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Massachusetts seems completely disinterested in online gambling. It's been over a century since they've added any gambling laws to the book, so they definitely haven't confronted online poker. Until that changes, feel free to play online poker in Massachusetts!
It is legal to play online poker in Massachusetts. Although it is not currently regulated, there are not any laws specifically making online poker illegal.
Massachusetts has the distinction of being home to some of the earliest American settlers, and the Puritans among them forbade anything to do with gambling, though opinions began to lighten in the 1600s. Officially, Massachusetts took such a stance against gambling that it helped fight against other states establishing lotteries in the 1800s, and in 1950, it was one of four states to vote against casino gambling. However, in 1934, the State Racing Commission was created and a thoroughbred track called Suffolk Downs was built. More racing became popular with harness and greyhound racing, and more tracks were built. And in a major turnaround, the Massachusetts State Lottery was established in 1971 as a revenue stream for the state. Could legal Massachusetts online poker be the next source of revenue for the state? Read on to find out.
Q. If Rep. Frank fought for poker in Congress, why not in his own state?
A. The U.S. Representative is paid to represent his state on the federal level, and other legislators are elected to do what's best for the state of Massachusetts. Rep. Frank was also unsuccessful, as of 2015, of pushing through any federal online poker site legislation, so it is unclear if he will continue to fight for online gambling after his term ends federally or in Massachusetts.
Q. Why did Massachusetts finally decide to allow casinos?
A. There was no official statement, but it is likely that Massachusetts saw other states embrace their casinos (especially neighbors like Connecticut) and benefit from high taxes that turned into significant revenue for struggling states. As more of the New England states offer casino options, Massachusetts could have wanted a piece of that action so as not to miss out on that revenue and tourist traffic.
Q. Is dog racing still allowed in Massachusetts?
A. No. Dog racing was made illegal in 2009.
Q. Why is the Indian casino taking longer to legalize than land-based casinos?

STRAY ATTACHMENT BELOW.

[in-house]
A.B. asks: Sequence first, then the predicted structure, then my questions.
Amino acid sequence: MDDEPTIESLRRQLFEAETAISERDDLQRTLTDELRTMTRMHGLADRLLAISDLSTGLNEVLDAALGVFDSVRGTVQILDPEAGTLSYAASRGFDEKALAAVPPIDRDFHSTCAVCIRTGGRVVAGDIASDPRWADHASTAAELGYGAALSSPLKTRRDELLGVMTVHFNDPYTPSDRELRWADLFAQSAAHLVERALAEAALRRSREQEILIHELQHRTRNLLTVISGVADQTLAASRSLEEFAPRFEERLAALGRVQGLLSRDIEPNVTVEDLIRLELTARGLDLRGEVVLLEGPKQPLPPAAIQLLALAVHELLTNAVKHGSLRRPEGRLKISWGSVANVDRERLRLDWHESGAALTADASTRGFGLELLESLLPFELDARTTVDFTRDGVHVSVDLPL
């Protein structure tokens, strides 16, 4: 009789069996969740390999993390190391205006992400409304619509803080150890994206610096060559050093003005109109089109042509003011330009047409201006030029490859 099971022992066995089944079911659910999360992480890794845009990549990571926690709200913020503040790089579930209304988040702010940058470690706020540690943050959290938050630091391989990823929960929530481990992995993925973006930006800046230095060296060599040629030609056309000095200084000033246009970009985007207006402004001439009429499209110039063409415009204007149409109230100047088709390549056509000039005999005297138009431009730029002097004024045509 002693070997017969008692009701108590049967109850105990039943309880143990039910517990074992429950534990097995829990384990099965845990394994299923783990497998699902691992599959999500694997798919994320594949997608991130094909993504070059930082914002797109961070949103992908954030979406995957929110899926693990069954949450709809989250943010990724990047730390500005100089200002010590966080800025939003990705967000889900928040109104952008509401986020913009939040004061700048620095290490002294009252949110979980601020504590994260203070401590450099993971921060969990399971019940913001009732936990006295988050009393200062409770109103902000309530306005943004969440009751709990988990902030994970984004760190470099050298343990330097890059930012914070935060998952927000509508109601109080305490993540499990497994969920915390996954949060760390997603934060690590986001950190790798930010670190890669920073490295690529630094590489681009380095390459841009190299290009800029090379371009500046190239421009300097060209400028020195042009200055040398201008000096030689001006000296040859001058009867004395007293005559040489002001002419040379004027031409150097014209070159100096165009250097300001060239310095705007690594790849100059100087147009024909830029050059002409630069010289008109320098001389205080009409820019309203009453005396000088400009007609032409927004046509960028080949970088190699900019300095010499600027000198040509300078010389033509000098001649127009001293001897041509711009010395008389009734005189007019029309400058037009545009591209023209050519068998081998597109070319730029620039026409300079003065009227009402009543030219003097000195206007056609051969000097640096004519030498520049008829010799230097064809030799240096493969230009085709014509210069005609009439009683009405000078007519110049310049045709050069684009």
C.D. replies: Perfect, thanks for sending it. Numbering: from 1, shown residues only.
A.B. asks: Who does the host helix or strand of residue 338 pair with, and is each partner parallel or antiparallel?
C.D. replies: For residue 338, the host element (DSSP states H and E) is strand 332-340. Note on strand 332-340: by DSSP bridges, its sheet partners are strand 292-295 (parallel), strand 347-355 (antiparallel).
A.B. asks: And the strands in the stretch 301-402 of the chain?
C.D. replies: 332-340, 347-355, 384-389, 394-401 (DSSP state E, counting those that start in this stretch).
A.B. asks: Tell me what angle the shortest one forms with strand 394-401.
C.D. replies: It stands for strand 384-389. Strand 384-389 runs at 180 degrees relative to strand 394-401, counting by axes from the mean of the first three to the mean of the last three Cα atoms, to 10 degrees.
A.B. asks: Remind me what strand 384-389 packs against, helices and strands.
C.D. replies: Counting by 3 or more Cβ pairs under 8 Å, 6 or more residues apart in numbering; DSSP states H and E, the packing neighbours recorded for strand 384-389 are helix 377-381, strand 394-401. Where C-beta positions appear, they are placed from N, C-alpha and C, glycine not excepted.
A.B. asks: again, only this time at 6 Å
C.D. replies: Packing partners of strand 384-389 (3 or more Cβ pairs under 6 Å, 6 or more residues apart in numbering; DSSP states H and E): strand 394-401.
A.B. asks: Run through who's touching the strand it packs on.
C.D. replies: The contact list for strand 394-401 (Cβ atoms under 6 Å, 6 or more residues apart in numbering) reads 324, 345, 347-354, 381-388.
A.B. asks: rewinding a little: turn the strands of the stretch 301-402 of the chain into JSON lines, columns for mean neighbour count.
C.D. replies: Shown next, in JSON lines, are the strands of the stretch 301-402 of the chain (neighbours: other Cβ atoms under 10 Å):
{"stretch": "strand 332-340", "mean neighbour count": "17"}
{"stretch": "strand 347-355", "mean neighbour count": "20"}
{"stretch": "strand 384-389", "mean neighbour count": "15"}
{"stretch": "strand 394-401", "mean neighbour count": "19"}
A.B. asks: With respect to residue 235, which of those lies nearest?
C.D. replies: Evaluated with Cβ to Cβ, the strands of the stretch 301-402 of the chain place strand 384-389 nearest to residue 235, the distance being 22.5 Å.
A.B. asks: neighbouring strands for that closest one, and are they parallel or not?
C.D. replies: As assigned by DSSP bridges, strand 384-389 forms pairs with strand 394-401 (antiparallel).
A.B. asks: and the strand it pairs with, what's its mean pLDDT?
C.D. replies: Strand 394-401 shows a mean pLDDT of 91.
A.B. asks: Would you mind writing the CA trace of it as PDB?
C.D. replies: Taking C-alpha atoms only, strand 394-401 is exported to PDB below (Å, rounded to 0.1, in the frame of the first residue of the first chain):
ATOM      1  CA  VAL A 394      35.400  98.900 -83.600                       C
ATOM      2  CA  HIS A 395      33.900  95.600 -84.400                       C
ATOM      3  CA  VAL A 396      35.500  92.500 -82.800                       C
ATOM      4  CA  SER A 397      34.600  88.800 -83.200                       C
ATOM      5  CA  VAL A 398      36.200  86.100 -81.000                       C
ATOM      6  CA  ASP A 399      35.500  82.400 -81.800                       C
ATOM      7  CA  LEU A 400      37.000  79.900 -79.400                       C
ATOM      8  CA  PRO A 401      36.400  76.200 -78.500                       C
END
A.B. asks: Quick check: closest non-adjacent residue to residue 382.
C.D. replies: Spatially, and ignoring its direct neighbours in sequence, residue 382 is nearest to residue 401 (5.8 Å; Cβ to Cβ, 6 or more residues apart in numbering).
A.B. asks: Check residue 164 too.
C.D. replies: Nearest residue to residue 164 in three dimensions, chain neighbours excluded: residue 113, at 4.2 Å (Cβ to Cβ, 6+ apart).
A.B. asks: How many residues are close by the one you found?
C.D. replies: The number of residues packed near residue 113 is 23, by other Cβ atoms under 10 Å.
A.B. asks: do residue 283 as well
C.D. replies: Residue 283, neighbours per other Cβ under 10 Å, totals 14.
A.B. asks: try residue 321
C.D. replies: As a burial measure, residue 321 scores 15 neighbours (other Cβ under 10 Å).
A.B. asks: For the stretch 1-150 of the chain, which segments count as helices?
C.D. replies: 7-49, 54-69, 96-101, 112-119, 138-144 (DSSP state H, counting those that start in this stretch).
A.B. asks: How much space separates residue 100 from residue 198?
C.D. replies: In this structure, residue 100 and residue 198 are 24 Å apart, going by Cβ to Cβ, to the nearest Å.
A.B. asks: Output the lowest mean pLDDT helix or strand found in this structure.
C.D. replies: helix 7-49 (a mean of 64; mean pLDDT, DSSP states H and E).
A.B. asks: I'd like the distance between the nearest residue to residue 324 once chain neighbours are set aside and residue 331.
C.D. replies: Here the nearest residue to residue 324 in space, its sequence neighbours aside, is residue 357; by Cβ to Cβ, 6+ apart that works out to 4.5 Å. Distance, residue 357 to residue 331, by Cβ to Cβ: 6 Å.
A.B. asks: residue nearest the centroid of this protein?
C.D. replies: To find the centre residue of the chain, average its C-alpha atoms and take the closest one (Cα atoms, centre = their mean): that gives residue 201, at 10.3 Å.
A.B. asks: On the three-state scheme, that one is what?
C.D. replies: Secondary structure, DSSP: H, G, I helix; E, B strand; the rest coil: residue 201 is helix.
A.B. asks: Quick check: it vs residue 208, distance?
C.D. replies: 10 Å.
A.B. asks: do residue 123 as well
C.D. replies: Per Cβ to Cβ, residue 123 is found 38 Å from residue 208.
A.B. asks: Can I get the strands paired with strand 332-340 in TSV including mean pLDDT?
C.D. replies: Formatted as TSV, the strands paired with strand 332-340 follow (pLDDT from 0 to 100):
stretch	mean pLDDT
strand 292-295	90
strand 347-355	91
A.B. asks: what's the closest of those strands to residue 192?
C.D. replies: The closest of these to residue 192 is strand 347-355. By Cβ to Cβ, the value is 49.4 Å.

A. The Mashpee Wampanoag tribe not only has to obtain approval from the state of Massachusetts and agree on every aspect of a compact, but the tribe then has to apply for approval by the Bureau of Indian Affairs on the federal level. That process often takes up to a year. All parties must be careful as to the terms of the compact because so many rights are at stake.
Q. What if poker is classified as a game of chance?
A. In Massachusetts, that might make a difference as far as sentencing for gambling crimes, but it likely won't change the probability that Massachusetts online poker will be legalized. Should more precedent be set by court cases showing that poker is a game of skill, it might help arguments of online poker supporters but probably would not help the passage of a state law.
Even further, Massachusetts voted in 2012 to allow the building of three resort casinos. In dire need of more revenue and seeing the ability to lead the New England states in a trend, Massachusetts will take 25 percent of all gambling monies from the three establishments. Further, the state is in talks with the Mashpee Wampanoag tribe to open the first tribal casino in Massachusetts. All of this indicates a change in feeling toward gambling and the potential to consider online gambling, or online poker sites for Massachusetts, in the future.
With regard to poker, the parts of Massachusetts law that prohibit gambling are several, but the bottom line is that cards or dice games played for money are punishable by imprisonment. However, charitable gambling is permitted. Home poker games in which no rake is taken by the proprietor is a questionable area and something that the state has yet to try to strictly enforce. As for the argument that poker is a game of skill and not a gamble, the most recent case in Massachusetts was in 1991 and ruled poker as a game of chance.
Even so, State Representative Dan Winslow decided to push for online poker in Massachusetts in 2011. He tried to attach it to the casino legislation, which did not work, and he tried to attach it to a budget bill in 2012 with the same result. Should New Jersey or other neighboring states start to legalize online poker, though, Massachusetts might reconsider. It should also be noted that United States Representative Barney Frank hails from Massachusetts and has been one of the staunchest supporters of pro-online gambling legislation in Congress. Since he will not seek another term, he will likely retire but could focus some efforts on federal or even state online gambling projects. To send a message to state legislators about this issue, click here: Find My Legislator.
Currently, the Suffolk Downs and Plainridge Racecourse horse racing facilities are the only ones in operation, though the state will soon become home to three land-based casinos. Those will have the potential to draw crowds and attract poker tournament series as they become more established. The Indian casino may also be in operation in 2015.